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Next Tuesday the Supreme Court of Western Australia (March 5) hears a crucial issue concerning the right of an Environment Minister to sanction the extinction of a species. It's a complex legal issue, though, not argued on the intrinsic value of the species, or matters of biodiversity, but a legal technicality. That's the way all legal appeals funded by the community on environmental issues must work, until our state Labor government introduces an evidenced-based environment court.
At a recent public forum, speakers from the Conservation Council of WA, the Environmental Defenders' Office, and the Australian Conservation Foundation wrestled with Yeelirrie's legal concerns, finding at least three issues: the limitations of the existing environmental protection laws; the issues of extinction they raise; and the role of the minister’s personal discretion in the environmental law process. At stake is the fate of stygofauna near a proposed uranium mine; the role of science in decisions affecting the environment, and the workings of our own democracy.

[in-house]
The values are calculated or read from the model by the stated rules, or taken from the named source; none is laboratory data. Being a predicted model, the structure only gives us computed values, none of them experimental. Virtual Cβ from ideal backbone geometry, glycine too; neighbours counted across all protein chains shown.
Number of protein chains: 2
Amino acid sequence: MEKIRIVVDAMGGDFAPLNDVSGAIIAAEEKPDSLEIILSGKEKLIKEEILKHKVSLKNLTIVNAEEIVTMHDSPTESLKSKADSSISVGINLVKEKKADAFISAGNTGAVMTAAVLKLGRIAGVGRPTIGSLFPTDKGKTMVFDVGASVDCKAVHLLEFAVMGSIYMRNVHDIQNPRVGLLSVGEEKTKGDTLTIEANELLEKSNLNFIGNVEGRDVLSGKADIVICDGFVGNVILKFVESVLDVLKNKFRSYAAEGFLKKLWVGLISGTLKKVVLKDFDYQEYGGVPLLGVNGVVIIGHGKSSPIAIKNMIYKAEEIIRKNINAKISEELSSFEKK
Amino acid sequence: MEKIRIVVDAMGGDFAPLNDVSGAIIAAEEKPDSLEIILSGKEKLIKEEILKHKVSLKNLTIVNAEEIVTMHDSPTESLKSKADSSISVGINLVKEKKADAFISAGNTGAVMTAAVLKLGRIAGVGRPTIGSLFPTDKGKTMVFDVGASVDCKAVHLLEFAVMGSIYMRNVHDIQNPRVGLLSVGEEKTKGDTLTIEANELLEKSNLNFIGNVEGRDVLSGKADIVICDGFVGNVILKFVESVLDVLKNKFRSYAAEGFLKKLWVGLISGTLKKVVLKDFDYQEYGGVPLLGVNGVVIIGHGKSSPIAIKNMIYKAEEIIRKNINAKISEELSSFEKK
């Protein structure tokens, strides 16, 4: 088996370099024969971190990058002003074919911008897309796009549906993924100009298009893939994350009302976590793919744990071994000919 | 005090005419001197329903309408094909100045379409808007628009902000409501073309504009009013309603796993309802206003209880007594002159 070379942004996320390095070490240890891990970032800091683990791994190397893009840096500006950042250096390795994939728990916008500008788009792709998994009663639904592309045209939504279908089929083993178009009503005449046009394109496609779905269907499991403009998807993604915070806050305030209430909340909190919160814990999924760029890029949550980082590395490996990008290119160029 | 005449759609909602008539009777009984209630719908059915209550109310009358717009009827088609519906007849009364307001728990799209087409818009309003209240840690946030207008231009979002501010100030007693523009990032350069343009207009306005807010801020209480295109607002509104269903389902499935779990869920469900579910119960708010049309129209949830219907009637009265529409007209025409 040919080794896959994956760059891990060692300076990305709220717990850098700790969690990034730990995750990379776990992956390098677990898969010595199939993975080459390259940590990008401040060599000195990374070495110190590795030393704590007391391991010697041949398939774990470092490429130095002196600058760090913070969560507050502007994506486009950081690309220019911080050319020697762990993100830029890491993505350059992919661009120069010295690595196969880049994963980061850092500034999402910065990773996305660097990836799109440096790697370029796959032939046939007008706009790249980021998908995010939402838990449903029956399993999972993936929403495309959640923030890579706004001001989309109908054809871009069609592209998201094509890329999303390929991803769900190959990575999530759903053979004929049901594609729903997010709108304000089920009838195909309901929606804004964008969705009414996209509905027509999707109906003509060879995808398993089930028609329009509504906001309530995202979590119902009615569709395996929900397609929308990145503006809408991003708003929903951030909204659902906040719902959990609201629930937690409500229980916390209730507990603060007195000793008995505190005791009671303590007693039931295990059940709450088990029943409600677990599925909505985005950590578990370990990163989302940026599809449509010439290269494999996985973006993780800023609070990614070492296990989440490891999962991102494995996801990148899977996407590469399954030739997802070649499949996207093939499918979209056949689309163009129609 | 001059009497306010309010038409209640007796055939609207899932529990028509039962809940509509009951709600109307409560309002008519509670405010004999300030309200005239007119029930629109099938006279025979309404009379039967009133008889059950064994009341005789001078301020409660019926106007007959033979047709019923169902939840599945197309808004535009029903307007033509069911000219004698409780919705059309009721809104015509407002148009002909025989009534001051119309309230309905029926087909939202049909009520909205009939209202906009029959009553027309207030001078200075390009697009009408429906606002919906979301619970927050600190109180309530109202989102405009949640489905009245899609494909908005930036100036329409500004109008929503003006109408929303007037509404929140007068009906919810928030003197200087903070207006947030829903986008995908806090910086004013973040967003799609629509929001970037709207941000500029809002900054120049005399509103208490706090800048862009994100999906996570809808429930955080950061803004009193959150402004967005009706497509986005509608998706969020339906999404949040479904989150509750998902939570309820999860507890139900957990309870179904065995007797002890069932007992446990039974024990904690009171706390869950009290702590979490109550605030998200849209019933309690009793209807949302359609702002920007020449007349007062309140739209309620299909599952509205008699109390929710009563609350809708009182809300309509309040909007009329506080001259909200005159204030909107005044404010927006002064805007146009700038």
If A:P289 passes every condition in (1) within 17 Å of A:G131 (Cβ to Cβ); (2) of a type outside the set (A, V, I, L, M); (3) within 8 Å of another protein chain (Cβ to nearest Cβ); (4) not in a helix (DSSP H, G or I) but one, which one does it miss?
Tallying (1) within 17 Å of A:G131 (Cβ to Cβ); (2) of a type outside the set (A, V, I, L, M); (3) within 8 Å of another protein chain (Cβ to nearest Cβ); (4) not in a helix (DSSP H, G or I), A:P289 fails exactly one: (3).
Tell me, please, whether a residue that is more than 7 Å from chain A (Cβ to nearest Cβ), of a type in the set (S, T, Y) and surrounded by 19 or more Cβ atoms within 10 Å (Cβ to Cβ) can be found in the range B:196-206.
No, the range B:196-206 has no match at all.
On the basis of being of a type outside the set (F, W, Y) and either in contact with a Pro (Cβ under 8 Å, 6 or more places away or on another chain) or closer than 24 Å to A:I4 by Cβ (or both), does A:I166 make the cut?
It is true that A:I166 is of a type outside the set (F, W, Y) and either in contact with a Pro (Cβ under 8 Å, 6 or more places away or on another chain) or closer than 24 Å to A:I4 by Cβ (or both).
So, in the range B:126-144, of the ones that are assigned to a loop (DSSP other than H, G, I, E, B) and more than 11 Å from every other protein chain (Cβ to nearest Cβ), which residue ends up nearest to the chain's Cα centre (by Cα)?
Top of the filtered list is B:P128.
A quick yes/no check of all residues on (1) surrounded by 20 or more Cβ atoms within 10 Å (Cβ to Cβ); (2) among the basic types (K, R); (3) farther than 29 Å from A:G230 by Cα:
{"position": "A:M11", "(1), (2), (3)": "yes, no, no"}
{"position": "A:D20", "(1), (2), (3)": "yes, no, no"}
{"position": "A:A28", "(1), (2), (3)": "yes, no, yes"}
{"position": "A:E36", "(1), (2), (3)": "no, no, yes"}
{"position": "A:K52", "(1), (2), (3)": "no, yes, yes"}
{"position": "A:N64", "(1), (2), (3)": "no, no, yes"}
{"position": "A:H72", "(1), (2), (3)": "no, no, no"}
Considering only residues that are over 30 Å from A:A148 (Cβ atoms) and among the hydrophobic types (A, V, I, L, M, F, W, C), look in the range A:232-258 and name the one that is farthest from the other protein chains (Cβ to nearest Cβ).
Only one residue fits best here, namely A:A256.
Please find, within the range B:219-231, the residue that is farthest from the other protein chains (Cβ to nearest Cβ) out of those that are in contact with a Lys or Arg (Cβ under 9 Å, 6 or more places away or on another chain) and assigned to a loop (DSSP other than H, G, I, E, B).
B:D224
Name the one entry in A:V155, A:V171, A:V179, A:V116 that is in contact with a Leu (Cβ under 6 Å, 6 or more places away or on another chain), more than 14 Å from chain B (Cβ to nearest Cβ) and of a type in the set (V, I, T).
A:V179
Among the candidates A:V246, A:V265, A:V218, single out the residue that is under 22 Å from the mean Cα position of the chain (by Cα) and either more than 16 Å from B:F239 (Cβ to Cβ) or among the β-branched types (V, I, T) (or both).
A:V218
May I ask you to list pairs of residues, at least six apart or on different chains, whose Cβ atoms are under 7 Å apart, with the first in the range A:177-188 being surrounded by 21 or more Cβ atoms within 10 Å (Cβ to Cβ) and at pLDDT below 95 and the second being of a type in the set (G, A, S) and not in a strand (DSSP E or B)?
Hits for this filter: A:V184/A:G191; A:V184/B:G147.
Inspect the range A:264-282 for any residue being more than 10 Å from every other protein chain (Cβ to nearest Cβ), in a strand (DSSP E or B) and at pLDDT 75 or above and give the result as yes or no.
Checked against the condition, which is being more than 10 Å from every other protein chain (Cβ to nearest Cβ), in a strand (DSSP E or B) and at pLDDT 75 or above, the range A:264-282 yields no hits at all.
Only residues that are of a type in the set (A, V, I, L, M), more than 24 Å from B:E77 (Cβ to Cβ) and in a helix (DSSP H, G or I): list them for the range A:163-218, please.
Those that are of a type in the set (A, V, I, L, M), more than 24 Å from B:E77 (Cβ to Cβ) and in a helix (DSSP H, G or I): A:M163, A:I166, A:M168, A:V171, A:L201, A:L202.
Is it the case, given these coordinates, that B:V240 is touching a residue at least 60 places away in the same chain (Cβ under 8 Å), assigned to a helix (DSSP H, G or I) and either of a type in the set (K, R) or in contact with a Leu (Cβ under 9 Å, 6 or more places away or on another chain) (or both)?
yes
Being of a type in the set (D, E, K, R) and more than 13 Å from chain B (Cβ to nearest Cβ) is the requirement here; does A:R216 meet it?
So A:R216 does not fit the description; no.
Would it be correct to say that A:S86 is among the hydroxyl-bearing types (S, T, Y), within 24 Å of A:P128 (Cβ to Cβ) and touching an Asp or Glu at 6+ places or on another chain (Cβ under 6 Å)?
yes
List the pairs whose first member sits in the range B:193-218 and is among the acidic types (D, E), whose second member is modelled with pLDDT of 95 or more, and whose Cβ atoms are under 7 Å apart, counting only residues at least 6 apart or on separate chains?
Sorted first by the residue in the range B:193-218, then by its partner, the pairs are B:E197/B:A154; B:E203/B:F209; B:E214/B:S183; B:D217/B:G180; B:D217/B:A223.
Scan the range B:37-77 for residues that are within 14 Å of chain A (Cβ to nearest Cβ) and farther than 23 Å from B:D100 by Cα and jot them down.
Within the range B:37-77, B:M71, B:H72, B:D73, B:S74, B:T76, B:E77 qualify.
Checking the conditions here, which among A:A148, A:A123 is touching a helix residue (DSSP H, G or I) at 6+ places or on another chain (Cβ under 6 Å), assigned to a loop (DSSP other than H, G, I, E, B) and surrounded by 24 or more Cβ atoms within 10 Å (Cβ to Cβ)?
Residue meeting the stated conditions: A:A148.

All live musical performances are included in our podcasts with the express permission of artists, who reserve all other rights in their music. All music used in our podcasts is licensed under an APRA Community Broadcasting license agreement.
In ecology, the understorey grows where light shines through the forest canopy.
Our award-winning Understorey journalists highlight local and globally-connected environmental issues that the other media commonly pass over.
RTRFM’s long-running dedicated environment program makers Adrian Glamorgan and Elizabeth PO’ bring together stories from near and sometimes afar, whether it be conservationists rehabilitating habitat, citizen scientists gathering data, campaigners at the frontline, or decision-makers at their desks, seeking solutions together to the challenges affecting our shared air, water, land and life processes.